Avian Influenza

I started a series of studies, some ongoing, investigating avian influenza. Several subtypes of avian influenza continue to pose credible pandemic threats, and my work attempted to assist pandemic preparedness efforts, with particular emphasis on the country of Egypt. Egypt has emerged as a hotspot of avian influenza activity in both humans and poultry.

H5N1_OutbreaksEgypt_StudyArea

I lead a research team that developed new geospatial disease modeling techniques to predict areas with increased risk of co-infection, a precursor to pandemic emergence. In this project I examined the ecological niche of competing virus subtypes (H5N1 and H9N2) in northern Egypt, and predicted locations with high co-infection potential.

Young, S.G., Carrel, M., Malanson, G.P., Ali, M.A., & Kayali, G. (2016). Predicting avian influenza co-infection with H5N1 and H9N2 in northern Egypt. International Journal of Environmental Research and Public Health, 13(9), 886. doi: 10.3390/ijerph13090886

Many important questions about the ecology and epidemiology of the avian influenza virus were contested, including the role of wild waterfowl in spreading the disease between poultry flocks and the relative importance of commercial vs backyard farms. We used landscape genetics techniques to investigate diffusion mechanisms, providing compelling genetic evidence that traditional backyard poultry farms are being infected by wild birds, while commercial farms are spreading the virus via human travel.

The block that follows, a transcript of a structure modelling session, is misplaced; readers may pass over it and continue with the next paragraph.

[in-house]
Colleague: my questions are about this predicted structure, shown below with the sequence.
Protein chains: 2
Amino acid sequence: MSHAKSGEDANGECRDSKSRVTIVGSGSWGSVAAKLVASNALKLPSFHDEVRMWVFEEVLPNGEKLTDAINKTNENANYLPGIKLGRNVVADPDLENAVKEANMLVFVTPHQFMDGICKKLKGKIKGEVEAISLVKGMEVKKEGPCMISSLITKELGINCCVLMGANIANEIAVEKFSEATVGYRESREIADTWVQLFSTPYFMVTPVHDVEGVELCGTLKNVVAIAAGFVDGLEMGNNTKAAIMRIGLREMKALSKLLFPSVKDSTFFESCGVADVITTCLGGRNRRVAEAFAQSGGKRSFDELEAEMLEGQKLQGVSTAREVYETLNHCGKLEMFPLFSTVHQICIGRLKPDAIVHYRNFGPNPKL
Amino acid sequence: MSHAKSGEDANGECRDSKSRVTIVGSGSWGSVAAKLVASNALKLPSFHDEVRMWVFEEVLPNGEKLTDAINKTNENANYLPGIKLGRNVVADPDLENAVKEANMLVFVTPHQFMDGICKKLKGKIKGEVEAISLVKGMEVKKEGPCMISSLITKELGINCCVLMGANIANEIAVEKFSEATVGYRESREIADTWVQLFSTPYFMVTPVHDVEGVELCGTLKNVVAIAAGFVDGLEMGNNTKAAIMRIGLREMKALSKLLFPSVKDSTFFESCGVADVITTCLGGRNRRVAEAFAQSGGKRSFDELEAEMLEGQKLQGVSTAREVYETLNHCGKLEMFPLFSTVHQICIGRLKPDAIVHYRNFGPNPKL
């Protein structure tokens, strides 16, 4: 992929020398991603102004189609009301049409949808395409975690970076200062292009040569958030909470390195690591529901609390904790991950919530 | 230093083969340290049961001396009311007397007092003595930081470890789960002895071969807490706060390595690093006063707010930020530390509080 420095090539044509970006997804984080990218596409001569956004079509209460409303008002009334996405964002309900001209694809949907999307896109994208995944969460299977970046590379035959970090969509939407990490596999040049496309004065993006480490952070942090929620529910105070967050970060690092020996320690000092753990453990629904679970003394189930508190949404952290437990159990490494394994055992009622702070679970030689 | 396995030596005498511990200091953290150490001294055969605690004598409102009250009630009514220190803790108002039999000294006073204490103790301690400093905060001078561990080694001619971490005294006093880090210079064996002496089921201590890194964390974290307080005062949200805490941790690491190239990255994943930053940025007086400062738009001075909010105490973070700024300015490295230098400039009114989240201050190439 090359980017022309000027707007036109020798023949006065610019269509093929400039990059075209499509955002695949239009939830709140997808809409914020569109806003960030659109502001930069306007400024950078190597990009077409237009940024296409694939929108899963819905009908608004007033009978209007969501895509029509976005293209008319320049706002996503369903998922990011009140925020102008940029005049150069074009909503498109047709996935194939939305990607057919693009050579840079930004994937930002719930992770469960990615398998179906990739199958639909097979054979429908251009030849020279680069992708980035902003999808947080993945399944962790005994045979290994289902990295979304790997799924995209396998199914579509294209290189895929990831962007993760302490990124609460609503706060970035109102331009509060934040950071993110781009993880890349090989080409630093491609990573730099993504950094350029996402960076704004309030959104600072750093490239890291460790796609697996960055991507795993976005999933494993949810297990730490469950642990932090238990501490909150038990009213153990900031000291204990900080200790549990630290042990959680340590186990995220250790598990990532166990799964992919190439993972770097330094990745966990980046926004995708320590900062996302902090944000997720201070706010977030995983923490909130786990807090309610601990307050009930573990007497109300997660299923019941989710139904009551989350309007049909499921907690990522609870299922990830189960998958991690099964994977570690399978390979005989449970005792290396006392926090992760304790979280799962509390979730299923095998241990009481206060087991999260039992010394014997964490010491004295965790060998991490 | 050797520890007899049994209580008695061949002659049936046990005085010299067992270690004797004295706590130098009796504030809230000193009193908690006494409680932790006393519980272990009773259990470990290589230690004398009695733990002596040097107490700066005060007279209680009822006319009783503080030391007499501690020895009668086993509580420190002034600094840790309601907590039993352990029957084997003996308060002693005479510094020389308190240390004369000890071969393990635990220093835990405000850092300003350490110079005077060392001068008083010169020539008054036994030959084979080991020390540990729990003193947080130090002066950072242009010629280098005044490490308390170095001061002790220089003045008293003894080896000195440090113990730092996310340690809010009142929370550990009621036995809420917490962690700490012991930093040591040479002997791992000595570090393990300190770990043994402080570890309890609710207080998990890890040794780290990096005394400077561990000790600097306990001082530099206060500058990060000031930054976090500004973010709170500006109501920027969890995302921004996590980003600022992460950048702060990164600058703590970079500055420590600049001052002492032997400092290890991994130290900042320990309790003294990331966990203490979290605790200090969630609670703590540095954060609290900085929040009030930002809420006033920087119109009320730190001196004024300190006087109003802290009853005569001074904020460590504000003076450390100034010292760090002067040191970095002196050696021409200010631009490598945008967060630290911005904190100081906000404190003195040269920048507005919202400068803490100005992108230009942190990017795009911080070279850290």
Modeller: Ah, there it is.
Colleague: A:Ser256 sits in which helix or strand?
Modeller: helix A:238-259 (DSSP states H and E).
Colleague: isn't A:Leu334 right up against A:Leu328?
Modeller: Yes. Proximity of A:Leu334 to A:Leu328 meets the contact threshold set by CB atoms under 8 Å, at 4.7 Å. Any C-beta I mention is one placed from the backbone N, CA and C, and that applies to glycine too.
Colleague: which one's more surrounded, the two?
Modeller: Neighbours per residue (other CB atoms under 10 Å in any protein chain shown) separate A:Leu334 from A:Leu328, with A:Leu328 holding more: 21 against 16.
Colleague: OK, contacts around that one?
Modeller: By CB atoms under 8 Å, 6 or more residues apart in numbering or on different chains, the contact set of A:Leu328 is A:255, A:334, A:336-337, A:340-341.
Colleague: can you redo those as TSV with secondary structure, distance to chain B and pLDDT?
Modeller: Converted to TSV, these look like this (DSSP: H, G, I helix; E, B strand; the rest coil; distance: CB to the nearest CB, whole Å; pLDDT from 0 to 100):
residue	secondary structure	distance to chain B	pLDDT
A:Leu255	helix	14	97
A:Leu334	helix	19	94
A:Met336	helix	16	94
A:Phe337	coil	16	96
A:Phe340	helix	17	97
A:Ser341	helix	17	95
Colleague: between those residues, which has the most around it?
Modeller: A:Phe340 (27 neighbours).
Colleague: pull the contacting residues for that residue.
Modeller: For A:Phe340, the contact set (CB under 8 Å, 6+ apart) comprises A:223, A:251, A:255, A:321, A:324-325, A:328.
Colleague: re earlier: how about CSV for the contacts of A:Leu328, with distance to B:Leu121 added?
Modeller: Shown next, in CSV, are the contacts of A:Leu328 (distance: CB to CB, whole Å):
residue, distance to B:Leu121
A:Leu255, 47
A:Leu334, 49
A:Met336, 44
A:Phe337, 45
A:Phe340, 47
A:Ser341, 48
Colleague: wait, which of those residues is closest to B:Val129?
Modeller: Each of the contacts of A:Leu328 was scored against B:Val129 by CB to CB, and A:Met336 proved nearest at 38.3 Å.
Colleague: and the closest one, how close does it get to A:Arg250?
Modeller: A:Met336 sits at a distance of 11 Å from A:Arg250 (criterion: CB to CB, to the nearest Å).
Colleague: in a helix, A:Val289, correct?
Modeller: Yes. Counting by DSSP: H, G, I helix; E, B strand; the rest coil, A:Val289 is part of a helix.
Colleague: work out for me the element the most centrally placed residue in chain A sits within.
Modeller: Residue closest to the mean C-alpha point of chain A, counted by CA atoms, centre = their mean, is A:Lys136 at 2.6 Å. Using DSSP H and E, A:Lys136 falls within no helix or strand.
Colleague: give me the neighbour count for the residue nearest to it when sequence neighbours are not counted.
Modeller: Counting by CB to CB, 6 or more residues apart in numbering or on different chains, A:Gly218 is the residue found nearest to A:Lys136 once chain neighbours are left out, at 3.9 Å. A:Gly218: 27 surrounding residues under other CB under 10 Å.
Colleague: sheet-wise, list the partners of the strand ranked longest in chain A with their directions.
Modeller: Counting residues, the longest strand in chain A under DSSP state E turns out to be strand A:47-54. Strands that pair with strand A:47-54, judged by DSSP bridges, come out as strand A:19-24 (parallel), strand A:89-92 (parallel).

Young, S.G., Carrel, M., Kitchen, A., Tamerius, J., Malanson, G.P., Ali, M.A., & Kayali, G. (2017). How’s the flu getting through? Landscape genetics suggests both humans and birds spread H5N1 in Egypt. Infection, Genetics and Evolution, 49, 293-299. doi: 10.1016/j.meedgid.2017.02.005

A third study identified areas in Egypt where key viral mutations that increase pandemic risk are emerging most frequently. I was the lead investigator for all of the above, which were part of my doctoral dissertation. My work in this area is ongoing.

Young S.G., Kitchen A., Kayali G., & Carrel M. (2018). Unlocking pandemic potential: prevalence and spatial patterns of key substitutions in avian influenza H5N1 in Egyptian isolates. BMC Infectious Diseases, 18(1), 314. doi: 10.1186/s12879-018-3222-6

As a co-investigator I also participated in a multi-disciplinary investigation of feral swine exposure to influenza in the US, finding both avian and swine viruses are infecting feral swine.

Martin, B.E., Carrel, M., Baroch, J.A., Young, S.G., Schmit, B., Nolting, J., Yoon, K.-J., Lutman, M.W., Pedersen, K., Bowman, A., Slemons, R., Smith, D.R., DeLiberto, T., & Wan, X.-F. (2017). US feral swine were exposed to both avian and swine influenza A viruses. Applied and Environmental Microbiology, 01346-17. doi: 10.1128/AEM.01346-17